Manufacturing Forged Piston: During Manufacturing of Piston the billet of Aluminium alloy is taken and hot forging operation is performed over it. The billet is preheated to a temperature of about 427 C before placing it onto the lower die and performing forging operation over it.. This leads to the upsetting operation taking place in the billet. The change in microstructure tends to increase the strength of piston. Dies used for the process consists of impression of the piston on lower die as well as the upper die as shown in the following figures:

Figure 5: Lower Die               Figure 6: Upper Die

The manufacturing process used in the process is shown in the following figure:

Figure 7: Manufacturing process

Alloy Whee: Alloy wheels are automobile (car, motorcycle and truck) wheels which are made from an alloy of aluminum or magnesium. They are typically lighter for the same strength and provide better heat conduction and improved cosmetic appearance. There are quality standards to govern the production of wheels. A wheel is comprised of a hub, spokes and rim. Sometimes these components will be one piece, sometimes two or three. The hub is the centre portion of the wheel and is what attaches the wheel to the suspension. The spokes radiate out from the hub and attach to the rim. Most alloy wheels are manufactured using casting, but some are forged. Forged wheels are usually lighter, stronger, but much more expensive than cast wheels. There are basically three processes when it comes to manufacturing alloy wheel which are one piece in construction: cast alloy, forged alloy wheels, and billet alloy wheels. Each one of these will produce a highest quality alloy wheels however there are some distinct difference in the strength of the finished product worth nothing.

A CAST ALLOY WHEEL - is a manufacturing process whereby molten aluminium is pored into an alloy wheel mould and once it is cooled, the result is a wheel. There are three types of cast wheel production: Gravity fed, low- pressure fed, spun-rim.

A FORGED ALLOY WHEEL - is a manufacturing process in which intense heat and pressure is used to force a chunk of aluminium (often called a slug or stock) into the alloy wheel shape desired. This process will create an alloy wheel which is up to 300% stronger than a cast alloy wheel and is lighter as well.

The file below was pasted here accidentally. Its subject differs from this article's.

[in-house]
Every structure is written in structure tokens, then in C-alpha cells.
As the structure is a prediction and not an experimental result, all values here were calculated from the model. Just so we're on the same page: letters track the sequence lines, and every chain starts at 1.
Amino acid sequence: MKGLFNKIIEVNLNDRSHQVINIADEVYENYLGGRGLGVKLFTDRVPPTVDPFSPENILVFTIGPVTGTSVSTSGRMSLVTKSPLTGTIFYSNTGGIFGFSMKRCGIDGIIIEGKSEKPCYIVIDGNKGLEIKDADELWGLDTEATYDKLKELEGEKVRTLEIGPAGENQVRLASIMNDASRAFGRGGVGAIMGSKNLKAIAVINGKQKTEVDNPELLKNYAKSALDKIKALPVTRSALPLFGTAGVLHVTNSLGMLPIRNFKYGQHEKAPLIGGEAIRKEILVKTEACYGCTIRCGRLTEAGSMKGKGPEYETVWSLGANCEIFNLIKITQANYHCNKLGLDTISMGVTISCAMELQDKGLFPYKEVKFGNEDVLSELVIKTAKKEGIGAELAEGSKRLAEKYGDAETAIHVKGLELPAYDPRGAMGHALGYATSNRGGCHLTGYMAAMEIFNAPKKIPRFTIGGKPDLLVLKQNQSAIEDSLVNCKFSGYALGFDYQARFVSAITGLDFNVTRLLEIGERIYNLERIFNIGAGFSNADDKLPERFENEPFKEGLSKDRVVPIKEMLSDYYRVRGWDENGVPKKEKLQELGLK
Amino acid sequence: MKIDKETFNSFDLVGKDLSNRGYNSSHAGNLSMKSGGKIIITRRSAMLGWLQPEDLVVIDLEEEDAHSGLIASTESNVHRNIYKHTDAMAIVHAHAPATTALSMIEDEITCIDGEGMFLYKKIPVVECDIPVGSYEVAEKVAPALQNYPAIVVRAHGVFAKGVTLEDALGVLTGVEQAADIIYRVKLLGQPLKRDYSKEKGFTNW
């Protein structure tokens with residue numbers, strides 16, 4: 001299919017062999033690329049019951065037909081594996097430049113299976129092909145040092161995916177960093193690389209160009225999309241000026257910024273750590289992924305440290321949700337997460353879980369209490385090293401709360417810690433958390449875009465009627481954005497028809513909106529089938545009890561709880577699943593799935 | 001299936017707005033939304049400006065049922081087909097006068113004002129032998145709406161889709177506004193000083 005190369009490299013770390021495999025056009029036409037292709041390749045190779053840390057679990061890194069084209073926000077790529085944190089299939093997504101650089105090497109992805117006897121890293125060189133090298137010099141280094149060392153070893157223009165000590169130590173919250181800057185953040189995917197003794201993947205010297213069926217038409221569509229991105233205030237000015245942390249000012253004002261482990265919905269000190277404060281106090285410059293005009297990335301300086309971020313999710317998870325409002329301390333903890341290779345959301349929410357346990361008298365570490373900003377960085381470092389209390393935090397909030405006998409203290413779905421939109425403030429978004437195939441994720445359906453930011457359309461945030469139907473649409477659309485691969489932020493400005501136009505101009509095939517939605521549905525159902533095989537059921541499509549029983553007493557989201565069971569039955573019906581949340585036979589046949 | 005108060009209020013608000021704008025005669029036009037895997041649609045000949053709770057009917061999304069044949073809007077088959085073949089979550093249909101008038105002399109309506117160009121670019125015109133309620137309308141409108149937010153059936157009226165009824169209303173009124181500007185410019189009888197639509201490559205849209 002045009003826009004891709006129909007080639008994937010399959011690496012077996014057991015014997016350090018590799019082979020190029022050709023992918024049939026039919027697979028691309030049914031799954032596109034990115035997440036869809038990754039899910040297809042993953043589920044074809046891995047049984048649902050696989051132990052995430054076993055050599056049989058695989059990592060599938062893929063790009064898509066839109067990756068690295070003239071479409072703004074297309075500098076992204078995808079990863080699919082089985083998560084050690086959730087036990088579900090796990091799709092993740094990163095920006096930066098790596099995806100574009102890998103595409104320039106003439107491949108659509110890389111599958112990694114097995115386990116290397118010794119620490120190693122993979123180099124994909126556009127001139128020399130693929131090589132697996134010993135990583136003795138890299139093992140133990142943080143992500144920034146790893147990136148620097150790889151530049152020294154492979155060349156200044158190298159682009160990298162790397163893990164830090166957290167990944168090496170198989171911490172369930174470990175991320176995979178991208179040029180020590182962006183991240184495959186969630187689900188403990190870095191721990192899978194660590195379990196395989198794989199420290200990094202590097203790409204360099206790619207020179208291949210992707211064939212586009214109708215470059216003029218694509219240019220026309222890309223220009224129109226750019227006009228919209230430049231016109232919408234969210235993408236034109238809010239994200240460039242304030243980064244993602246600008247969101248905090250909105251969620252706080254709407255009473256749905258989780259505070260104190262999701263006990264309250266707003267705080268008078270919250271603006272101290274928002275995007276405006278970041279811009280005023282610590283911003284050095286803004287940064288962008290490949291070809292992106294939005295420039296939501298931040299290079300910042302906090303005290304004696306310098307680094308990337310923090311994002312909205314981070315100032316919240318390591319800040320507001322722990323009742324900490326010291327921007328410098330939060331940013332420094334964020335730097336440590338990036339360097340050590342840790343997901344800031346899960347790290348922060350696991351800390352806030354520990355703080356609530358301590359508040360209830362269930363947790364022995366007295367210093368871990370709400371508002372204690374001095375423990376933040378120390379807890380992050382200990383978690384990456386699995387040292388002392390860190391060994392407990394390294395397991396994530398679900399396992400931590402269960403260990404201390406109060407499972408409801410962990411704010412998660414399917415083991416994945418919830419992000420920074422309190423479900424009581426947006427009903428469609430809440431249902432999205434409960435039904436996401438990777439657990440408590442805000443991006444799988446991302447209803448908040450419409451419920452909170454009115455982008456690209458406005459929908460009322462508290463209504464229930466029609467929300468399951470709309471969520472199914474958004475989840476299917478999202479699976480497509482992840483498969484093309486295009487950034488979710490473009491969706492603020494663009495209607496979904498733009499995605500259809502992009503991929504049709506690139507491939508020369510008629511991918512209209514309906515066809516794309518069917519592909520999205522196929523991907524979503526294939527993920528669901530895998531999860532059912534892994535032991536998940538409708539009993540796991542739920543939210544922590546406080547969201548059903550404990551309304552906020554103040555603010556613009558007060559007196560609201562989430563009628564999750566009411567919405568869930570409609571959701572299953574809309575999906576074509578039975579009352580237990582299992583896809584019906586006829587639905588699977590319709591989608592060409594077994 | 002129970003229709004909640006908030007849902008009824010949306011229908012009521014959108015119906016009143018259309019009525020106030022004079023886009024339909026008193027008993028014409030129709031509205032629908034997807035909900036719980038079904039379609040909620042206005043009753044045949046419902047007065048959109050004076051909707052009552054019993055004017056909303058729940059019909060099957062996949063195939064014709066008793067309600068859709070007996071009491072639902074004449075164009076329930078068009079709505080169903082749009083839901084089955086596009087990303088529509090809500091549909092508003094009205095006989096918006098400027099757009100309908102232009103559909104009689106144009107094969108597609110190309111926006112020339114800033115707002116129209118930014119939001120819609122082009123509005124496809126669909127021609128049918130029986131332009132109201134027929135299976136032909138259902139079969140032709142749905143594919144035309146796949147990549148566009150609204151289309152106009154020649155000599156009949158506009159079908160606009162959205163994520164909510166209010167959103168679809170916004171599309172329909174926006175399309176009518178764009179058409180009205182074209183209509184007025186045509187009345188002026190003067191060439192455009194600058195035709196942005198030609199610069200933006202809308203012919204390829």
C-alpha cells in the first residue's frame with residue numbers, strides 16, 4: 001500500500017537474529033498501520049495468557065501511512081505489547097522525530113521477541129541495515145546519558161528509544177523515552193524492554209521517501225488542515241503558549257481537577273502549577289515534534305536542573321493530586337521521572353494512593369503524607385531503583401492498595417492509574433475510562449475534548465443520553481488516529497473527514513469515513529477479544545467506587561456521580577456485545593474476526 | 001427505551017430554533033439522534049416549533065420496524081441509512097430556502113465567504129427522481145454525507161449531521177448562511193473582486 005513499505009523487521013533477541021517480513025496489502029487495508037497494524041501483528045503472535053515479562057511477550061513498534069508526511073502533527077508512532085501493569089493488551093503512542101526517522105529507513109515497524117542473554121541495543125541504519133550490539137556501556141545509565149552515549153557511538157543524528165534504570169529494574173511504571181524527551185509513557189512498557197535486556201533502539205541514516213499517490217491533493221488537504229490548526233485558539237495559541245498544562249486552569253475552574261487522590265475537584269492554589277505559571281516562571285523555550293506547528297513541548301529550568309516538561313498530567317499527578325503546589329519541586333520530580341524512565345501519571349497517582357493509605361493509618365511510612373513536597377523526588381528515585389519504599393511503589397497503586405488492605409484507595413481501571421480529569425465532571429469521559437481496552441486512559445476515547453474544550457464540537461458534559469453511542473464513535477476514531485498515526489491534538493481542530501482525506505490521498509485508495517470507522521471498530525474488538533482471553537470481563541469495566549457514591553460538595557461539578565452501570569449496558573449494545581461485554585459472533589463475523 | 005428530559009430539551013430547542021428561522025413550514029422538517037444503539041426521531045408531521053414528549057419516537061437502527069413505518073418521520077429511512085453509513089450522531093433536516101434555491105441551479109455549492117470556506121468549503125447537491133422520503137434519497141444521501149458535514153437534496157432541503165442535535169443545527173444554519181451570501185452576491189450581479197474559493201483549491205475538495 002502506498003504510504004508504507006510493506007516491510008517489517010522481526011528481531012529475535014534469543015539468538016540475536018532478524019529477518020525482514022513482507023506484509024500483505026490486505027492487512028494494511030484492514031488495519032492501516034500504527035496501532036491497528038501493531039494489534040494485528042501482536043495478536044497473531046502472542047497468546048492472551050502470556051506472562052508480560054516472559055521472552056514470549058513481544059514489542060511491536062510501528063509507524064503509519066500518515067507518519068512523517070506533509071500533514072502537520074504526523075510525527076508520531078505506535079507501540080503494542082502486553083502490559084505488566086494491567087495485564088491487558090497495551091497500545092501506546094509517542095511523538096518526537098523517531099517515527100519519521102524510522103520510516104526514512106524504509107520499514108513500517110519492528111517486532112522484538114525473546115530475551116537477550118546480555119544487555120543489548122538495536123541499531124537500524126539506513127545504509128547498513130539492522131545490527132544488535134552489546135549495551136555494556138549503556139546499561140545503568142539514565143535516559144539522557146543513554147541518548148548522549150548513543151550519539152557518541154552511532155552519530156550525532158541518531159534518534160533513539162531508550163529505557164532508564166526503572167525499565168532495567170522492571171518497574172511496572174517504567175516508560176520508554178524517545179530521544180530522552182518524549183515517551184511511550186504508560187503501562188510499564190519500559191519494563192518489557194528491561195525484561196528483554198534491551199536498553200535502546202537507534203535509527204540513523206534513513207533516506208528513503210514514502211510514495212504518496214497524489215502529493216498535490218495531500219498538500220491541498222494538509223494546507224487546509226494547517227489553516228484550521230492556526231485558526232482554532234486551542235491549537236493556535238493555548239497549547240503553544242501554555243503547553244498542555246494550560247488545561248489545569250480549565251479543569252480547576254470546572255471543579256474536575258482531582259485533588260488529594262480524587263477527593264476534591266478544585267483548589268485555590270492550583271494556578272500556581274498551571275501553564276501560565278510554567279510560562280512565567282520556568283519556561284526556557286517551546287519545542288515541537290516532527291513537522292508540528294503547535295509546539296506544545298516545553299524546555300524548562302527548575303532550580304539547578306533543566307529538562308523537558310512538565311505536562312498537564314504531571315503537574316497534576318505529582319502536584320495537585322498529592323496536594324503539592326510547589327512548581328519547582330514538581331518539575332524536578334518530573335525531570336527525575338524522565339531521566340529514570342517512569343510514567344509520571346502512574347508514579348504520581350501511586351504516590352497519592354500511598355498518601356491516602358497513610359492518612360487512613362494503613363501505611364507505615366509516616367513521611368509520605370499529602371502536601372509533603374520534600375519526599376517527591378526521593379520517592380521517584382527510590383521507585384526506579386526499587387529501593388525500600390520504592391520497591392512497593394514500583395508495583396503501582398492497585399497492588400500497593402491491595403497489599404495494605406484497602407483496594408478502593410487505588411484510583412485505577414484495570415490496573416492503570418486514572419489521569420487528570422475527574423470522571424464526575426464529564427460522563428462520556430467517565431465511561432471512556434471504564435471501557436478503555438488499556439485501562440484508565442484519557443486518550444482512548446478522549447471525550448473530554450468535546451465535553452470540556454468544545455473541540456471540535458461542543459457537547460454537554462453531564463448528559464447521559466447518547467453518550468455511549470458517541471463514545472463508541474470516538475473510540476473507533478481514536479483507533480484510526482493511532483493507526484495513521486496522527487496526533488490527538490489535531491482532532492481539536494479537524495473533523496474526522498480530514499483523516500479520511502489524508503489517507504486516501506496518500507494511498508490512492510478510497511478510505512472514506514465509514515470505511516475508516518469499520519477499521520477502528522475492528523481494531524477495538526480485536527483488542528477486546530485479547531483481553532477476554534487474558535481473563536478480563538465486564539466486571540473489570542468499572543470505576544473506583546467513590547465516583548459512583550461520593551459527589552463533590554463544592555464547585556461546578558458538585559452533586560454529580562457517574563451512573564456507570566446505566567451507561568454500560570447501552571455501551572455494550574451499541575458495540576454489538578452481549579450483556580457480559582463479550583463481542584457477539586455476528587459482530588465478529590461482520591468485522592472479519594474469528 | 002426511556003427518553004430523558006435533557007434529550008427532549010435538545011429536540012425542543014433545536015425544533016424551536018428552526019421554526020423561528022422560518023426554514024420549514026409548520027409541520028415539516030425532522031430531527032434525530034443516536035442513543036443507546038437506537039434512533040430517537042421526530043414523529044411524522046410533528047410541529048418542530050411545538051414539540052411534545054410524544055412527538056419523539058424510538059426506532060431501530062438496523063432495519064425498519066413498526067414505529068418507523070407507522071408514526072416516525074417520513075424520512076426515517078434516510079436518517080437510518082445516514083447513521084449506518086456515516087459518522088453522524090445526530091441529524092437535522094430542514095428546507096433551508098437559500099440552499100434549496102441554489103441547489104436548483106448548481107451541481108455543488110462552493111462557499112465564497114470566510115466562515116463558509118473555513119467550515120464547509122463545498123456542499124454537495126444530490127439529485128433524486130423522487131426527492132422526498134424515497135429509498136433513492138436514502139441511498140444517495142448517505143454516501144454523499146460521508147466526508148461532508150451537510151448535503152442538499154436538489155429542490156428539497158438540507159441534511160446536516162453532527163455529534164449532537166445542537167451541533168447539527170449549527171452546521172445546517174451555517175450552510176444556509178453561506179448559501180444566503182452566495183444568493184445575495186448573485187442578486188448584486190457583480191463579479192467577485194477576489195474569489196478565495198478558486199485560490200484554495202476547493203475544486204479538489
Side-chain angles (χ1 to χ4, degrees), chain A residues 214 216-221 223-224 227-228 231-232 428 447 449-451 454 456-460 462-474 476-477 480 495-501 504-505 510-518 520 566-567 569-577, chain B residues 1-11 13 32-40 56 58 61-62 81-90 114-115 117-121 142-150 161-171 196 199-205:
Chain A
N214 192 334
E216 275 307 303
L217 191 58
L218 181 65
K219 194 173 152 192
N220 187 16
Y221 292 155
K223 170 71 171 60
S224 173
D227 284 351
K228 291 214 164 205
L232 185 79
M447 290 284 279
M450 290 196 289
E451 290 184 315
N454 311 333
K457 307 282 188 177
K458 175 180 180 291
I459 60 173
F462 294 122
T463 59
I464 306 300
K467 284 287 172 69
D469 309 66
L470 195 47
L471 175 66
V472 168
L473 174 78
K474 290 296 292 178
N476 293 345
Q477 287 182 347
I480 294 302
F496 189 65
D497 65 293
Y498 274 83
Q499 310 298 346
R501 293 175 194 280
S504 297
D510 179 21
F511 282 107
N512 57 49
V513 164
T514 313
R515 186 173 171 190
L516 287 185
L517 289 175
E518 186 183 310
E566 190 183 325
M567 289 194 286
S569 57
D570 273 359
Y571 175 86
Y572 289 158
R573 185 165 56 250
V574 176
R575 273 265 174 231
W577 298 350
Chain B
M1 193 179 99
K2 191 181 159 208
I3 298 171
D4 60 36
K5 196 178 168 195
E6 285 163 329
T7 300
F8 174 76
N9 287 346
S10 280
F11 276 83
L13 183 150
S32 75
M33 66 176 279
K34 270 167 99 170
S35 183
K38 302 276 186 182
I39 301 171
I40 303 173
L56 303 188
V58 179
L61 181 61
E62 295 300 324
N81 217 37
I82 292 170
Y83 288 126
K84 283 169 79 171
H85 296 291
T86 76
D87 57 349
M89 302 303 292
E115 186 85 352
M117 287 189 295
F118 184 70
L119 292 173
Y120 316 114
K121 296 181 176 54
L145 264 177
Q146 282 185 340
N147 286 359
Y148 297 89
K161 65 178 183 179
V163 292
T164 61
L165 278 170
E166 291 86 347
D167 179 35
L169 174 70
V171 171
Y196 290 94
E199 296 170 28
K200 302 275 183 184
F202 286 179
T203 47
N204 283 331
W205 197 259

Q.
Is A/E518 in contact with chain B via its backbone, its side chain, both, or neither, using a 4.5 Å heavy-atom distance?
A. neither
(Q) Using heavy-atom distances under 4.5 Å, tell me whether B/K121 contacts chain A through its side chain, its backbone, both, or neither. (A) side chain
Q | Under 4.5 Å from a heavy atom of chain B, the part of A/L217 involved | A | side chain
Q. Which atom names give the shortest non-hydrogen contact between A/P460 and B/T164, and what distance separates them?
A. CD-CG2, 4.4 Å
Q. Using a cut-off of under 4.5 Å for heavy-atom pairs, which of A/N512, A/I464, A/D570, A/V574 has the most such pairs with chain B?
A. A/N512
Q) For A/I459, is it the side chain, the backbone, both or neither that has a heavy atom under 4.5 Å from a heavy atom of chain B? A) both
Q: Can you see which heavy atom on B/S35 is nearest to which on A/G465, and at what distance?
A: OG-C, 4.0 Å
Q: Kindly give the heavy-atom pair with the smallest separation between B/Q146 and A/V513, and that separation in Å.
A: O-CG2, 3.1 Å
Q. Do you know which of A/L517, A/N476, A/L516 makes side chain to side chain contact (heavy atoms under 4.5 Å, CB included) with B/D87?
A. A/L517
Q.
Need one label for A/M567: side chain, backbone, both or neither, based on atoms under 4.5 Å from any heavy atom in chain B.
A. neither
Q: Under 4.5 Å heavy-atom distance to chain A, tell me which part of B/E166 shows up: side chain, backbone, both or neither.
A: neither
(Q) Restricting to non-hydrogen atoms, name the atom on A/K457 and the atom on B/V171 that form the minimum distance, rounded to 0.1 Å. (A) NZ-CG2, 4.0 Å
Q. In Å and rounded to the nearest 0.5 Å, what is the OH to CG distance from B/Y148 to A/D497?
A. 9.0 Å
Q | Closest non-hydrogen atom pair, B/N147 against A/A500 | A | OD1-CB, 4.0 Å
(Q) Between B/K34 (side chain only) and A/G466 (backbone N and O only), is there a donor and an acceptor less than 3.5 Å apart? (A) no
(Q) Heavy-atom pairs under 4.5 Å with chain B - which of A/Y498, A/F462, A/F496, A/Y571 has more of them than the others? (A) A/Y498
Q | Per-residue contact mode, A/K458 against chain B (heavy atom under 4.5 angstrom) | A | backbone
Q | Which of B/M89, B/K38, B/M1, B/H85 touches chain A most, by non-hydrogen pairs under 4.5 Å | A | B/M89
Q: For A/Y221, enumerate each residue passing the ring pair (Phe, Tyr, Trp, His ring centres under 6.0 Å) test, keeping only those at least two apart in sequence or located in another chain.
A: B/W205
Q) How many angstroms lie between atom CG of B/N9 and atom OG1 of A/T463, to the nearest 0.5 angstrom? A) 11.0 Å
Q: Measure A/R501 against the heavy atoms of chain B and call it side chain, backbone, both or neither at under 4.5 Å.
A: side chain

A BILLET ALLOY WHEEL - is a manufacturing process here by a chunk of aluminium is machined into the alloy wheel design. This involves a very expensive machine called CNC (computer numeric control) which reads specific instructions then drives the machine tool to complete the task.
Magnesium alloy wheels, or "mag wheels", are sometimes used on racing cars, in place of heavier steel or aluminium wheels, for better performance. Magnesium wheels can be produced through various methods.

FORGING: Forging can be done by a one or multi-step process forging from various magnesium alloys, most commonly AZ80, ZK60 (MA14 in Russia). Wheels produced by this method are usually of higher toughness and ductility than aluminium wheels, although the costs are much higher.

HIGH PRESSURE DIE CASTING (HPDC): This process uses a die arranged in a large machine that has high closing force to clamp the die closed. The molten magnesium is poured into a filler tube called a shot sleeve. A piston pushes the metal into the die with high speed and pressure, the magnesium solidifies and the die is opened and the wheel is released. Wheels produced by this method can offer reductions in price and improvements in corrosion resistance but they are less ductile and of lower strength due to the nature of HPDC.

LOW PRESSURE CASTING (LPDC): This process usually employs a steel die; it is arranged above the crucible filled with molten magnesium. Most commonly the crucible is sealed against the die and pressurized air/cover gas mix is used to force the molten metal up a straw like filler tube into the die. When processed using best practice methods LPDC wheels can offer improvements in ductility over HPDC magnesium wheels and any cast aluminium wheels, they remain less ductile than forged magnesium.

GRAVITY CASTING (PERMANENT MOLD AND SAND CASTING): Gravity cast magnesium wheels have been in production since the early 1920's. This method offers wheels with good ductility, and relative properties above what can be made with aluminium casting. Tooling costs for gravity cast wheels are among the cheapest of any process. This has allowed small batch production, flexibility in design and short development time.